Charlie Sexton, David Bowie

Charlie Sexton, who serves as Bob Dylan’s guitarist, is helping pay tribute to one of rock’s most recognizable superstars, the late David Bowie.

David Bowie’s death was a blow to guitarist Charlie Sexton and keyboardist Mike Garson.

He was an occasional opening act on Bowie’s Glass Spider Tour, and appears on that jaunt’s home video playing on The Stooges’ “I Wanna Be Your Dog” and the Velvet Underground’s “White Light/White Heat.”

But Sexton, best known for his ’80s hit “Beat’s So Lonely,” questioned if he wanted to join Bowie tribute acts after the Thin White Duke died.

“When David went away, I avoided 99 percent of every request,” Sexton said via telephone from Austin. “There were a lot of tribute things and whatnot. I did one benefit thing for a health organization here in town with a kids’ choir.”

Garson founded “Celebrating Bowie,” which kicks off its U.S. leg of the tour on Wednesday, Feb. 6, at the Mesa Arts Center. The tour features players who backed Bowie and those who were influenced by him.

“I was a big fan of Mike Garson, who played with David for about 30 years, really,” Sexton said. “I’ve been a great admirer of David’s work forever. It’s a bittersweet subject. I almost regret I knew him because he was such a smart, charming person, which made it all the harder when he died. I say that half seriously. I’m glad I got to spend a wee bit of time with him.”

Sexton is joined on stage by Garson, guitarist Earl Slick (Diamond Dogs, Young Americans and Reality); vocalist Bernard Fowler (The Rolling Stones) and bassist Carmine Rojas (Let’s Dance/Serious Moonlight Tour). Having just finished a European tour, Celebrating David Bowie has been a hit.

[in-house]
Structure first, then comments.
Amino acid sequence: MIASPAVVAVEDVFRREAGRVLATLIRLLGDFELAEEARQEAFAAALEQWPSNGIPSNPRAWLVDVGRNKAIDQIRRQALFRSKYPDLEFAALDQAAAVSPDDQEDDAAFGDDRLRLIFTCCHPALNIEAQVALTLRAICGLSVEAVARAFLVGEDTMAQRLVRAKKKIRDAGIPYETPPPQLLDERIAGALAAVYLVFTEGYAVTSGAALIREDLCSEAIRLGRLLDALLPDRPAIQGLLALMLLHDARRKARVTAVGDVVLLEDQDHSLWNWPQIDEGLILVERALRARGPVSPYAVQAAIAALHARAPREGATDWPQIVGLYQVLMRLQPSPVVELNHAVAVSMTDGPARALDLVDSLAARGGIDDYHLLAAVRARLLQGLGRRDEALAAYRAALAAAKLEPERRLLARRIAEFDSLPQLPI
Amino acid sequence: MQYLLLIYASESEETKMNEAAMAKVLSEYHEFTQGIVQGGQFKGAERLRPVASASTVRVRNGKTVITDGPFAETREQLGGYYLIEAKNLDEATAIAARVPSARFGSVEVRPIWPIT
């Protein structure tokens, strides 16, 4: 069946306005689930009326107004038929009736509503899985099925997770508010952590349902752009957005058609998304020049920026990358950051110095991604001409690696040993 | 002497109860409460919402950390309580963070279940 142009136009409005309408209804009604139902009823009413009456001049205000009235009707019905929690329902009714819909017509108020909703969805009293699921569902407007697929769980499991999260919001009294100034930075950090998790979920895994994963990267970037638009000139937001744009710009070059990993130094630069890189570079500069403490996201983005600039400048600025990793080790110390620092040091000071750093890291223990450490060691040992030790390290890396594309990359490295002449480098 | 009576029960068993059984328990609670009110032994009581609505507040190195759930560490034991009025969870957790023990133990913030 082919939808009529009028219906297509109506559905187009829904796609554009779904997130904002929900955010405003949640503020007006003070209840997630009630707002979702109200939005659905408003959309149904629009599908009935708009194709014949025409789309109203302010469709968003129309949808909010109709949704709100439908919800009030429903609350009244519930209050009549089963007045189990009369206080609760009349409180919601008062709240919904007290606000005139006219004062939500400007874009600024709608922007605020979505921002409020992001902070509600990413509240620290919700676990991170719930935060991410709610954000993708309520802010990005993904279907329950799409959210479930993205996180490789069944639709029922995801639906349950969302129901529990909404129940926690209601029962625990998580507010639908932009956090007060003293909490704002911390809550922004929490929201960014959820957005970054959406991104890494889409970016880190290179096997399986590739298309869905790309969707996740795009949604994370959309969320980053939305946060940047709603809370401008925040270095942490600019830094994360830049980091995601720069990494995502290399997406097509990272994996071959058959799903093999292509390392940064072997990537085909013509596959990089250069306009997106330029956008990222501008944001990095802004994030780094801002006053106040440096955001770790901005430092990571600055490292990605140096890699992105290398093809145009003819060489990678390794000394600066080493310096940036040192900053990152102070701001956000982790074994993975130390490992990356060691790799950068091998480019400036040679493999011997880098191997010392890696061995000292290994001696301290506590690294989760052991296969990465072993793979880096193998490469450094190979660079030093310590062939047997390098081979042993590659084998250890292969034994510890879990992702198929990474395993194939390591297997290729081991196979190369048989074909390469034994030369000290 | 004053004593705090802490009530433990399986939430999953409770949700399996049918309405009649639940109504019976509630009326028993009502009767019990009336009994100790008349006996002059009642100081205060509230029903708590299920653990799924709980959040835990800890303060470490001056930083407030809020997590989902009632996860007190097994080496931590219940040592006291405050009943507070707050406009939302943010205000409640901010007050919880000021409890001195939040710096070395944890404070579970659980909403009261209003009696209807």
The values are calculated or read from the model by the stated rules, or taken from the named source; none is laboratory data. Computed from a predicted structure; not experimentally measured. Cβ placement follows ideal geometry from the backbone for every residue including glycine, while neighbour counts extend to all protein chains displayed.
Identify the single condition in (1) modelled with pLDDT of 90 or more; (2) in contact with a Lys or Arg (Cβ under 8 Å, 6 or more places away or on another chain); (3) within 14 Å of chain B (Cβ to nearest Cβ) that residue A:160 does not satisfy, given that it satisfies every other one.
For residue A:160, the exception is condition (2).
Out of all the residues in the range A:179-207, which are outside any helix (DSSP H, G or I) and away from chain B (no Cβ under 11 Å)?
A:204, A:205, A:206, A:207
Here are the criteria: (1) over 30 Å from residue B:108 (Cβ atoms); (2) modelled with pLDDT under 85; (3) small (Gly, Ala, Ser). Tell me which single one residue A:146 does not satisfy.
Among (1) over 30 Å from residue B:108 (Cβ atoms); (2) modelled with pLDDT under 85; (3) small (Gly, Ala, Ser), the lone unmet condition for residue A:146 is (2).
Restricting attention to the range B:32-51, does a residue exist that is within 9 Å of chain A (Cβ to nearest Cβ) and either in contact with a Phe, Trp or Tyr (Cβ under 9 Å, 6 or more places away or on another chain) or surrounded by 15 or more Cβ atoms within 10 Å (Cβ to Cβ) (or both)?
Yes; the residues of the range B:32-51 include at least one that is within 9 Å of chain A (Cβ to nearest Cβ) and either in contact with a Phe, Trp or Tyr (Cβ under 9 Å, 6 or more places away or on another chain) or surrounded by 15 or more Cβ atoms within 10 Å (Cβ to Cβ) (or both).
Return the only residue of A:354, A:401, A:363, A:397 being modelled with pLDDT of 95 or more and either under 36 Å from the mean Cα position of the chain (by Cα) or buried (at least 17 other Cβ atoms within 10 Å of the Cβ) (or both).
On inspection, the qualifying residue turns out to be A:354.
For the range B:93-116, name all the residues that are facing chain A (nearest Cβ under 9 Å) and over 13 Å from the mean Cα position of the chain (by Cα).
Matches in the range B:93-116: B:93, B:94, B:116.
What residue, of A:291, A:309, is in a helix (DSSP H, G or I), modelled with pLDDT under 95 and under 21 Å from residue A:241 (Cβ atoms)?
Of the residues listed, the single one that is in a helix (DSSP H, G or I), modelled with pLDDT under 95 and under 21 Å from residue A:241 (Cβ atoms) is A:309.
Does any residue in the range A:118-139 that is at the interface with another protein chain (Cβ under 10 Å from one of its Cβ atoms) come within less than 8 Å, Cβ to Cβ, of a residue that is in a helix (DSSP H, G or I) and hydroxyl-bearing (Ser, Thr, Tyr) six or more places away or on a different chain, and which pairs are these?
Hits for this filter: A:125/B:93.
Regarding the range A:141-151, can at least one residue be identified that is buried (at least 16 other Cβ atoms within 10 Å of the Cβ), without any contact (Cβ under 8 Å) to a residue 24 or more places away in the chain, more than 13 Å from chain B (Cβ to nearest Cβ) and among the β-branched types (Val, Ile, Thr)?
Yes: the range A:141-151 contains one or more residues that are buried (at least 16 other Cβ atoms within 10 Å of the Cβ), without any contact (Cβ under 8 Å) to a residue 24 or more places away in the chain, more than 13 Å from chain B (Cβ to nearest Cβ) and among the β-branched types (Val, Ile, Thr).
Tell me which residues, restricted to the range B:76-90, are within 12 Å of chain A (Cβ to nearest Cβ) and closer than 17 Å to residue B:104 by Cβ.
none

“The concerts are as loud as they were when David was here,” Garson sayid “That’s the most amazing thing. He was more loved in Europe than the States. When we did the shows last year at the Wiltern (in Los Angeles) and in New York, it was equal in volume and enthusiasm. What was missing was David and his presence, humor and singing.”

Sexton, who now serves as Bob Dylan’s guitarist, met Bowie through a mutual friend and said he could “charm the pants off anyone. He was really, really sweet. I had brief experiences and honestly, I really hoped to do more work with him.”

Garson was always a Bowie fan, but heard his voice get “richer” in the 1990s and 2000s. Other things changed as well throughout the years.

“I was with him on the Nine Inch Nails tour,” he said. “I love Trent Reznor. We’re good friends. On that tour, they sang each other’s songs. It was mostly Trent’s fans at that time, though. We had to compete with a much-younger audience, and Nine Inch Nails was a much louder band.

“We had to add sub bass to our music to match their volume or it would have sounded like we were really outdated. I don’t know if that was a mistake or not.”

The concert’s setlist changes nightly and it’s something that thrills Garson, who serves as bandleader. One thing remains, however—the overwhelming emotions.

“It’s been bittersweet,” he said. “I think I cry every night. Sometimes the audience sees it; sometimes they feel it. It’s a group grief because he left us too soon. I was saying to one of the audiences that my biggest regret was taking certain things for granted. I just tell myself, ‘Oh, I screwed up that one.’”

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